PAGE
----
AN applicant has been accused of attempting to ‘override legislation’ after a decision on whether to allow land to be used as a residential caravan site was deferred.

Cheshire East Council’s southern planning committee pushed back a decision on proposals for the land in Moston, off Dragons Lane, on Wednesday.

The site is currently occupied but the applicant submitted ‘personal circumstances indicating a need’ for permanent accommodation with access to public services.

The partly retrospective proposals sought permission for the change of use of the land from agricultural to the stationing of caravans for residential purposes for one gipsy-traveller family, with one pitch.

They also comprised a utility building, septic tank, fencing, shed and dog kennel.

A condition for the site would have permitted no more than one pitch, with two caravans, and no more than one static caravan

However, around 90 letters of objection were submitted by residents, as well as one from Congleton MP Fiona Bruce.

The grounds for objection included the potential for ‘extreme danger’ due to land crossing the National Grid’s high-pressure gas pipe, plans for an adjacent site recently being refused and uncertainty over who the applicant is due to the ownership certificate not being completed.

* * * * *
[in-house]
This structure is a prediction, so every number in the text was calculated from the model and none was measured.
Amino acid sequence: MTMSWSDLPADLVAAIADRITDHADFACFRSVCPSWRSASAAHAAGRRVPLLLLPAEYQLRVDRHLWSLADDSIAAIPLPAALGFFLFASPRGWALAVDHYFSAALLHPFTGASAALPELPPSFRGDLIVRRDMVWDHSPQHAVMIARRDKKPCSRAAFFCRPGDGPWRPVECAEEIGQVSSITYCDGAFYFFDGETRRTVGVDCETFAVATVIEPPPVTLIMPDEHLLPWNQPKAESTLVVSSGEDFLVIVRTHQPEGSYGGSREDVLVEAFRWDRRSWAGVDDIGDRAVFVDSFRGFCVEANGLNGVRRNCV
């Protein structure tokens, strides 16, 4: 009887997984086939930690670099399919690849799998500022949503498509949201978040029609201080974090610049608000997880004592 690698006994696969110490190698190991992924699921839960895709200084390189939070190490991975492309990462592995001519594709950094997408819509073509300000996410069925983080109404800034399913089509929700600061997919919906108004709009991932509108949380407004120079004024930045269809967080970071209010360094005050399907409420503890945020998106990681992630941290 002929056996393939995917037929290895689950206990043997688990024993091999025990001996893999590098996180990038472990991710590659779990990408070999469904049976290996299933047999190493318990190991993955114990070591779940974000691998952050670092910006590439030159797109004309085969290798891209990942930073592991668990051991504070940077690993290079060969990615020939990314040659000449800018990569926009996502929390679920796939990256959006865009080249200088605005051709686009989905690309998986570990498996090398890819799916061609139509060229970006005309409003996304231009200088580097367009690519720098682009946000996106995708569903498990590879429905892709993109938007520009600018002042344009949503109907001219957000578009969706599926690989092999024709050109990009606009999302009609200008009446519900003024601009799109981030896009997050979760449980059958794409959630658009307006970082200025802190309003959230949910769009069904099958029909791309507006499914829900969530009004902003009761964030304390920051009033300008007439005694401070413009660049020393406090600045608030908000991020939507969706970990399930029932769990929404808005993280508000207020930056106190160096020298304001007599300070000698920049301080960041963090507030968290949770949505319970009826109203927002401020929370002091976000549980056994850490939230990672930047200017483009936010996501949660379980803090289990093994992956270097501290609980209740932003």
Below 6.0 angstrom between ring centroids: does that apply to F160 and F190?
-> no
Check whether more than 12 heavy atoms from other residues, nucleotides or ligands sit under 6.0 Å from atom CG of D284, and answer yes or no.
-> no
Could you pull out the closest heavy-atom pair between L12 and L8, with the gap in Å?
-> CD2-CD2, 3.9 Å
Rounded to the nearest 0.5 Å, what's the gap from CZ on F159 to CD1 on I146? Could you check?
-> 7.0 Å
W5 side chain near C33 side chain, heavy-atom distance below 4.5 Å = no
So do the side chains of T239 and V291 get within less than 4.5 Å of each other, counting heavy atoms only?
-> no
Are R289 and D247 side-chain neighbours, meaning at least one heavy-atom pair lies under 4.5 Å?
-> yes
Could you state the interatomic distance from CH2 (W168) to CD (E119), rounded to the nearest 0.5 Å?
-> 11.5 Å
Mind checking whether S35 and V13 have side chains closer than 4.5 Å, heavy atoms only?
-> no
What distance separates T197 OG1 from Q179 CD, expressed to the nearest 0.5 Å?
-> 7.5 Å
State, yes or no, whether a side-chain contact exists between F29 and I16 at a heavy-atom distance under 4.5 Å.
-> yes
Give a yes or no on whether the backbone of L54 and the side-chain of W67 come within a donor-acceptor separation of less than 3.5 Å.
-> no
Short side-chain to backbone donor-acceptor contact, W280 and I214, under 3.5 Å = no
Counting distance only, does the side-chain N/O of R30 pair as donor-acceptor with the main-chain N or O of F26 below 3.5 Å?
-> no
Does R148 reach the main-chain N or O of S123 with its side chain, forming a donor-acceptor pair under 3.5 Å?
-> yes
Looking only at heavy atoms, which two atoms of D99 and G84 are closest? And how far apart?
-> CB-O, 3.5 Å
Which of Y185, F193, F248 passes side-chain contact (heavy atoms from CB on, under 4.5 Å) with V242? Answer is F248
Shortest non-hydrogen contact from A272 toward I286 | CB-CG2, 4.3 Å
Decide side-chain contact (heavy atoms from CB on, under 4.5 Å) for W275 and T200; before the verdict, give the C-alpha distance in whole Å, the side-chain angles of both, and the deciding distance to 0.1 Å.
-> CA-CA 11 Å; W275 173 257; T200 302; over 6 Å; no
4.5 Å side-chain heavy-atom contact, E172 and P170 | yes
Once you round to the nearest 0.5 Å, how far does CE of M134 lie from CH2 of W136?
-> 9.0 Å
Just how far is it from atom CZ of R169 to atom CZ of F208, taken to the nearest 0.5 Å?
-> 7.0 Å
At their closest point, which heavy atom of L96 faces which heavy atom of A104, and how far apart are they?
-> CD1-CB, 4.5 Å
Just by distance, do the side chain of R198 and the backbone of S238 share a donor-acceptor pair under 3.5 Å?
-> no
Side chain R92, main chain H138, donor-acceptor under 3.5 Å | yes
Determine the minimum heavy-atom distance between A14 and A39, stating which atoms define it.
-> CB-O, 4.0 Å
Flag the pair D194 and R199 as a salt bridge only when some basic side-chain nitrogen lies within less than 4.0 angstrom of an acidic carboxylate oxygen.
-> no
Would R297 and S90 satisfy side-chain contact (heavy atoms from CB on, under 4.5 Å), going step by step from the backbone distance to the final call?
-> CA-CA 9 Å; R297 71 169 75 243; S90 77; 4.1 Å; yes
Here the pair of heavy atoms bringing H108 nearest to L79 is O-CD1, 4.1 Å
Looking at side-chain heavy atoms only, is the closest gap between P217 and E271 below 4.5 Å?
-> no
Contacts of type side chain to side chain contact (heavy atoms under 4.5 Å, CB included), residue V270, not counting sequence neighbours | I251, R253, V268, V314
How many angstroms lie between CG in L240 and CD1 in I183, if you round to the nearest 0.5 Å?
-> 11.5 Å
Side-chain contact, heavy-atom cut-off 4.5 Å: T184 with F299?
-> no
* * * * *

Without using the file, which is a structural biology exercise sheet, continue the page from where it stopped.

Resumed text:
Cllr John Wray, Conservative member for Brereton Rural, hit out at the application.

He said: “As a planning committee, we have always tried to be consistent and not create a precedent.

“This retrospective application is a blatant attempt to override the planning legislation by exerting pressure on planners and committee members alike.

“This is the tenth application for residential development on this field – it is outside the development plan and is in open countryside.

“Every previous application has been refused, either by delegated powers or by this planning committee.”

The provision of ‘needed’ gipsy and traveller accommodation was highlighted as a ‘clear social benefit’ of the proposal.

However, while the requirement for sites and the current lack of alternatives weighed in favour of the application, they were not considered to outweigh the identified harm.

But planning officers did recommend temporary permission until February 2021, in line with adjoining sites, subject to conditions.

The committee deferred a decision to allow time for more ‘considered analysis’.